Use dry ice to make frozen bubbles that display beautiful frost patterns. You can pick up the solid bubbles and examine them closely to learn about density, sublimation, diffusion, interference, and semipermeability.
Frozen Bubble Materials
- Dry ice
- Bubble solution (buy it or make your own)
- Deep container
A deep glass mixing bowl is perfect for this project because it’s easy to observe the dry ice and bubbles. But, you can use any bowl or pot or even a cardboard box.
Freeze Bubbles With Dry Ice
- Use tongs or wear gloves to place some dry ice into a container.
- Allow about 5 minutes for the dry ice to sublimate into carbon dioxide vapor. The resulting fog is a combination of carbon dioxide and condensing water vapor.
- Blow bubbles into the container. Gravity draws the bubbles down, but once they reach the carbon dioxide layer they hover. Eventually, the bubbles fall toward the dry ice. As the bubbles chill, they freeze.
- Pick up frozen bubbles to examine them. You don’t need to use gloves to handle the bubbles, but they’ll last longer if you pick them up with a bubble wand.
- Watch the bubbles change as they age. Frozen bubbles become transparent and develop bands of color as they melt. Gravity pulls the bubble solution downward, eventually thinning the film at the top of the bubble until it pops.
How It Works
Dry ice is the solid form of carbon dioxide (CO2). Solid carbon dioxide doesn’t melt into a liquid, except at high pressures. Instead, it undergoes sublimation, changing from a solid directly into a gas. The carbon dioxide gas is colder and heavier than air (mostly nitrogen and oxygen), so most of it settles to the bottom of the bowl. Eventually, diffusion mixes the carbon dioxide with air, but it forms an invisible layer for several minutes.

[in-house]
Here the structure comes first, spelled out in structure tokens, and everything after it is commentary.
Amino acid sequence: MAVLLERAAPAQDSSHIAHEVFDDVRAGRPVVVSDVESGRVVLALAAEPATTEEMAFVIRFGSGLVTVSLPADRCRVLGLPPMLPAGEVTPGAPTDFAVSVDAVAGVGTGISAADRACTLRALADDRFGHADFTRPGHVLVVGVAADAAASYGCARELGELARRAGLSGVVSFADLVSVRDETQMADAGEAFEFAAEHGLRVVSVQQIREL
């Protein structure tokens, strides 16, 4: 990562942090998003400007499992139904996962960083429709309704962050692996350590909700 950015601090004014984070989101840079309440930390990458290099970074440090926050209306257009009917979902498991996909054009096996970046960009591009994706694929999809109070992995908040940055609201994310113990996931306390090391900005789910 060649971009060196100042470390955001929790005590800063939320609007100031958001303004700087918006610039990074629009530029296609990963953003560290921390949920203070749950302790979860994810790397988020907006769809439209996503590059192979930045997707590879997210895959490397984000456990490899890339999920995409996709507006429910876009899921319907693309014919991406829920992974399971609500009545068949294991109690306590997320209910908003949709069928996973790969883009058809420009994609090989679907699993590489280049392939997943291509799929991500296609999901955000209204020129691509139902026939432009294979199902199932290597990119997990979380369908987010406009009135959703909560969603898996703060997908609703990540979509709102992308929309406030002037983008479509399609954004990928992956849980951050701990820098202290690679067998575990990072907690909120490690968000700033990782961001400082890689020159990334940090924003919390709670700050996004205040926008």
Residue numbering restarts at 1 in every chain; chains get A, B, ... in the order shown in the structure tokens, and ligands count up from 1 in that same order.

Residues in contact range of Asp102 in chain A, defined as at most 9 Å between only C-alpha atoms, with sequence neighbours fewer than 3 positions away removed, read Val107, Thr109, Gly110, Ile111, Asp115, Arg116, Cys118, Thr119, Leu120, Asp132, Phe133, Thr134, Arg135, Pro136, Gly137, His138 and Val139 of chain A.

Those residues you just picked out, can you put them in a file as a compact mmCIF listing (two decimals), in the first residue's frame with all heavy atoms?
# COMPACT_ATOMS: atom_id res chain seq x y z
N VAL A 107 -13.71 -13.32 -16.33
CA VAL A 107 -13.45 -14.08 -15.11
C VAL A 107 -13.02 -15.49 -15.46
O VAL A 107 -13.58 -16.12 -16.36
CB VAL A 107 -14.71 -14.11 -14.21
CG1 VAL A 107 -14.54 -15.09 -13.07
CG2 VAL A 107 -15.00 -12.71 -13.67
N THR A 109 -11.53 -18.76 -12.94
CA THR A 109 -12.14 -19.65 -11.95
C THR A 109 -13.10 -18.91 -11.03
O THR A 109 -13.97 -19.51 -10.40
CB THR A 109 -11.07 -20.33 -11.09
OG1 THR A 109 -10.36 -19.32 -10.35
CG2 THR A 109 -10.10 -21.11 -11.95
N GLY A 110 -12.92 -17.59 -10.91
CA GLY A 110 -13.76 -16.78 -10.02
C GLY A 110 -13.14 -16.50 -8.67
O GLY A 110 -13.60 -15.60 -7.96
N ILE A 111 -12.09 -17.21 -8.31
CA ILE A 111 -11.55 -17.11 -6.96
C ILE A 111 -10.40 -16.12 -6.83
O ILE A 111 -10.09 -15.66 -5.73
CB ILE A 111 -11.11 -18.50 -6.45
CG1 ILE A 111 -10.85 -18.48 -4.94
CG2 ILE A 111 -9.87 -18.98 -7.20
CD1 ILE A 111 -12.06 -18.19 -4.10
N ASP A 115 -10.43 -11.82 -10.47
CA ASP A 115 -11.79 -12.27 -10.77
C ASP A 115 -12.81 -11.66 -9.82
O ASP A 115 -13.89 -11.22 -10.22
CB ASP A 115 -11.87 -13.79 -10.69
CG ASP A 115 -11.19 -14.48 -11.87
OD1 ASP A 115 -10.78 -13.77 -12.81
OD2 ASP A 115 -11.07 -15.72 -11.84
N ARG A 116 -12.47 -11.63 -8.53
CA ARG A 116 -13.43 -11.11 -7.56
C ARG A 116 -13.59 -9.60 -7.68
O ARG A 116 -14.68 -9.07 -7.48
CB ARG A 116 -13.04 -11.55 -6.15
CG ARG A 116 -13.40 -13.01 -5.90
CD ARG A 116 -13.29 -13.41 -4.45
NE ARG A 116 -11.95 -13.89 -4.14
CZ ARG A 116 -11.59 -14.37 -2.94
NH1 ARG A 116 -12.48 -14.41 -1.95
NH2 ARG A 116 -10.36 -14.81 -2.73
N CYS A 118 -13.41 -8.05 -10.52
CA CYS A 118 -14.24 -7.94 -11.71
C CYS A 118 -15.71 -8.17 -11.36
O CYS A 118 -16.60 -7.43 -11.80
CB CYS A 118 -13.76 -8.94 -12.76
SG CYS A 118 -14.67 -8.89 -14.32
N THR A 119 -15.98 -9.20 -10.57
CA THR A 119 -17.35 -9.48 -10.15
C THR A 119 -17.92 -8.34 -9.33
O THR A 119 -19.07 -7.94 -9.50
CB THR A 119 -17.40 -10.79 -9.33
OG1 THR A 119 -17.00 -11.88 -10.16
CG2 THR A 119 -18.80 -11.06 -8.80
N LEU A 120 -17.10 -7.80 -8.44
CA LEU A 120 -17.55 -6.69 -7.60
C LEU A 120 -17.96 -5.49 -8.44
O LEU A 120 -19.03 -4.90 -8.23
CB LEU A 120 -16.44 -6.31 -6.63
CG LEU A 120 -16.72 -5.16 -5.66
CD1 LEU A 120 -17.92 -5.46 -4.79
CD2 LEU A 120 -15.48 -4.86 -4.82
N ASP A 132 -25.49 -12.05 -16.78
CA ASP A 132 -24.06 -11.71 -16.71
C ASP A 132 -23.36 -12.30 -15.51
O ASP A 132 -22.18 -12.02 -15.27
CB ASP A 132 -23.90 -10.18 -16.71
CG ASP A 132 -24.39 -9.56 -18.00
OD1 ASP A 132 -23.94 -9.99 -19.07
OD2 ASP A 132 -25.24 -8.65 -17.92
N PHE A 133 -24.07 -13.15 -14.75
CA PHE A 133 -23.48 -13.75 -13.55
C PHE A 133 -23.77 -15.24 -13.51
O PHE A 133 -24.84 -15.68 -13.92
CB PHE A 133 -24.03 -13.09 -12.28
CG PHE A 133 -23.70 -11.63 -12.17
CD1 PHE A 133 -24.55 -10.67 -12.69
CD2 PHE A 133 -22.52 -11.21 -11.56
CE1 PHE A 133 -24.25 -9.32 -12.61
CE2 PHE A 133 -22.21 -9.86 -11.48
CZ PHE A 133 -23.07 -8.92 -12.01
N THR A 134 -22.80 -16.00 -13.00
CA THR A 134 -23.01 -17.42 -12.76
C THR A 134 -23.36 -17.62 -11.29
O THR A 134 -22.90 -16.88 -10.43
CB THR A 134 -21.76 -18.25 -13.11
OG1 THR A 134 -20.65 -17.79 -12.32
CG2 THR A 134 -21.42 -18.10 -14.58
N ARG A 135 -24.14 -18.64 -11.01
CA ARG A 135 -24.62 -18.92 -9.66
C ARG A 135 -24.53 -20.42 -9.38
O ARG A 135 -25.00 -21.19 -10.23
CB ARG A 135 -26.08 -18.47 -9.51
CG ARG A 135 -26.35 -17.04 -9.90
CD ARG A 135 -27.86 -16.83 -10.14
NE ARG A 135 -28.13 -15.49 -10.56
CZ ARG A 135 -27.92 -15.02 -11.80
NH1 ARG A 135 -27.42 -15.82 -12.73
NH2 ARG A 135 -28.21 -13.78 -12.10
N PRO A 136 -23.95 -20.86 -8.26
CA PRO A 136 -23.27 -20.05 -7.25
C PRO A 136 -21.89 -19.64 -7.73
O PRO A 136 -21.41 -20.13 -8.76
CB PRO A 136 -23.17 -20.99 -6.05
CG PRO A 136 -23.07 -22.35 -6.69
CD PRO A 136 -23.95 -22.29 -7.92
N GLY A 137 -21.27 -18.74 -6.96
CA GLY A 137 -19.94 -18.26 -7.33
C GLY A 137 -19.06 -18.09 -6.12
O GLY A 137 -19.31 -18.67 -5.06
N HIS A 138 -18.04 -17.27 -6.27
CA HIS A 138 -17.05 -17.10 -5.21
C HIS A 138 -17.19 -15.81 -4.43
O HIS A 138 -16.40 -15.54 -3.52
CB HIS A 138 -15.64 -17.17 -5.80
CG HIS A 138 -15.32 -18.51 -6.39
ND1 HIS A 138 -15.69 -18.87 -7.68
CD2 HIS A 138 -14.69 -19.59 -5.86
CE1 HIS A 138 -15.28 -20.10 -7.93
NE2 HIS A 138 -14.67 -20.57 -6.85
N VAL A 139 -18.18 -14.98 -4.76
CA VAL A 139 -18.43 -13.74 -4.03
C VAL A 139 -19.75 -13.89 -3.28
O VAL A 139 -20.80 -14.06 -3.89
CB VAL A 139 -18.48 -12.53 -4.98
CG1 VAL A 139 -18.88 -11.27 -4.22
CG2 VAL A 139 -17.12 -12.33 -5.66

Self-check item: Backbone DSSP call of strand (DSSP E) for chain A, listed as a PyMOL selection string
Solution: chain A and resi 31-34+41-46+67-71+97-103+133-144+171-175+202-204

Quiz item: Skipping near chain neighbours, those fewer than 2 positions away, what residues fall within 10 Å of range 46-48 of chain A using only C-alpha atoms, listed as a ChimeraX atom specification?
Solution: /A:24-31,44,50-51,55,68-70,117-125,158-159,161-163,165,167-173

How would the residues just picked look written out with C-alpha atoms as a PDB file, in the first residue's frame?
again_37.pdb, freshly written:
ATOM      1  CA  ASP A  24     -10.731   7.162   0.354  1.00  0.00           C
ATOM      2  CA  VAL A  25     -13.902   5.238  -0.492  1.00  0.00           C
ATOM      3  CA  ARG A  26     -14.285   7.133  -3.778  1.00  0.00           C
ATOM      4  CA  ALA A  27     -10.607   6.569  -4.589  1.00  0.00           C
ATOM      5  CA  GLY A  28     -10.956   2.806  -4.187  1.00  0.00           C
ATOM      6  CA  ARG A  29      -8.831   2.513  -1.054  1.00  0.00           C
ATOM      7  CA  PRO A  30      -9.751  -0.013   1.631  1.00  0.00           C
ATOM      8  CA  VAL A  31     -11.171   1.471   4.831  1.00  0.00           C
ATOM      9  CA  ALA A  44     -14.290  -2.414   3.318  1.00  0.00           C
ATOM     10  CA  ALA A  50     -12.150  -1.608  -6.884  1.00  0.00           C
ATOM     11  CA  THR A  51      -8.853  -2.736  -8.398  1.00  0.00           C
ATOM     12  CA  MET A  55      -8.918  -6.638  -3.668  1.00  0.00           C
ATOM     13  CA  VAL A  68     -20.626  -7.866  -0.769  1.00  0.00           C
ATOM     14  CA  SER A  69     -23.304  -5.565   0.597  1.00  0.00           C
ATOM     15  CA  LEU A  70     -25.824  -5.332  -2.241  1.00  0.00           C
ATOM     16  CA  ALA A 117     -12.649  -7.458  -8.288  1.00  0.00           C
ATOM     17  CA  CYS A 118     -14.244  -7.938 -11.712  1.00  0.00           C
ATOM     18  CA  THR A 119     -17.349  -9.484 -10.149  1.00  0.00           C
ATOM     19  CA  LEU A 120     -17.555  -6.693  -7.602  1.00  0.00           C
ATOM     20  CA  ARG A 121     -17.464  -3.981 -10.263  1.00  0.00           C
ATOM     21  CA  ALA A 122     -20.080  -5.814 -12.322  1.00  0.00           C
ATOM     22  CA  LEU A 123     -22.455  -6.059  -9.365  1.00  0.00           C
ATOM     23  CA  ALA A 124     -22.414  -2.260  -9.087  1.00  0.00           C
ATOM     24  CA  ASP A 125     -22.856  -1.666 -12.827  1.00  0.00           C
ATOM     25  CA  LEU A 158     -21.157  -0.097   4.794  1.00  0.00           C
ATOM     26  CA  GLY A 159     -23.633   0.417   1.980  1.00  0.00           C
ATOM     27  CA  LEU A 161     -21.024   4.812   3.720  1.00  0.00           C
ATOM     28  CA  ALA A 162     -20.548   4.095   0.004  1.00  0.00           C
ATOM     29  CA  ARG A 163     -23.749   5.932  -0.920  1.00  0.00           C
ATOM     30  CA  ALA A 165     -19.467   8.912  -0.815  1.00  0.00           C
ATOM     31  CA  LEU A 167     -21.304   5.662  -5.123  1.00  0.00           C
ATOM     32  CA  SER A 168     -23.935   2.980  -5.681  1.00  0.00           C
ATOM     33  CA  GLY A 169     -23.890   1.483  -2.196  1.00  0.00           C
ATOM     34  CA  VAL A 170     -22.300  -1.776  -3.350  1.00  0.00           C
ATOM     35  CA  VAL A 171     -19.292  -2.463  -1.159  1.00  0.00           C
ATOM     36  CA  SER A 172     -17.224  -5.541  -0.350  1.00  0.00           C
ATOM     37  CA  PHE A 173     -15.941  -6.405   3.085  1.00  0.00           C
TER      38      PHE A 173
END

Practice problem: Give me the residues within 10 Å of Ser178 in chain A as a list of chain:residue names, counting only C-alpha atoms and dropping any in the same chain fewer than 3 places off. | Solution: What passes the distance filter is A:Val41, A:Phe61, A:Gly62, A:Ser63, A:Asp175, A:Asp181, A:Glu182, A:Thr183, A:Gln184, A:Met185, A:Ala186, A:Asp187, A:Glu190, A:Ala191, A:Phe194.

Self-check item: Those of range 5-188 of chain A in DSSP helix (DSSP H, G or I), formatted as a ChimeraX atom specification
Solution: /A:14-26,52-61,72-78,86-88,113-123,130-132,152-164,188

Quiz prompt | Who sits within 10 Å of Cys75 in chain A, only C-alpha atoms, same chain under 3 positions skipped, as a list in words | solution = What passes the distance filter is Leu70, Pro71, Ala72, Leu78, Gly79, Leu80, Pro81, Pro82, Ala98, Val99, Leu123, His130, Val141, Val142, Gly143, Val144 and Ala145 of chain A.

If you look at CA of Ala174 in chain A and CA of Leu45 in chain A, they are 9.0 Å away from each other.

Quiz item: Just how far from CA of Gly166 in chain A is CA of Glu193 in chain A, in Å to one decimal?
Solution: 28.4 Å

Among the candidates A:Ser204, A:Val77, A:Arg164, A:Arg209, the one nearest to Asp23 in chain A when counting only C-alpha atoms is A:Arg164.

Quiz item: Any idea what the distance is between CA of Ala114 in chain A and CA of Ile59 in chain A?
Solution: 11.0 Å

When you blow bubbles, you fill them with air. Your breath is slightly enriched with carbon dioxide, but it’s still much less dense than the cold vapor in the bowl. So, bubbles float on the dry ice layer.
The extreme cold above the dry ice freezes the water in bubble solution. Frost patterns form as the water crystallizes. But, the bubble shell is very thin. It is semipermeable to gases, so carbon dioxide enters the bubble. This increases the gas density inside the bubble, causing it to sink.
If you shine a light on the soap bubble, you’ll see a rainbow of colors. This is an interference pattern, caused by slight differences in bubble thickness. Thickness differences bend light differently, forming colors.
Dry ice cold enough to cause frostbite (−78.5 °C or −109.2 °F), so wear gloves or else handle it with tongs. As dry ice sublimates, the cold carbon dioxide sinks to the floor before mixing with air. Working with a small amount of dry ice poses no significant risks, but it’s best to work in a well-ventilated area. High carbon dioxide concentrations from vaporizing a lot of dry ice presents a health hazard, especially to children and pets, because they are not as tall.
Other Fun Projects
Use leftover dry ice for other fun science projects, such as making fog, a “crystal ball,” a simulated comet, and carbonated ice cream. If you don’t have dry ice, you can still freeze bubbles with frost patterns, but you’ll need very cold temperatures.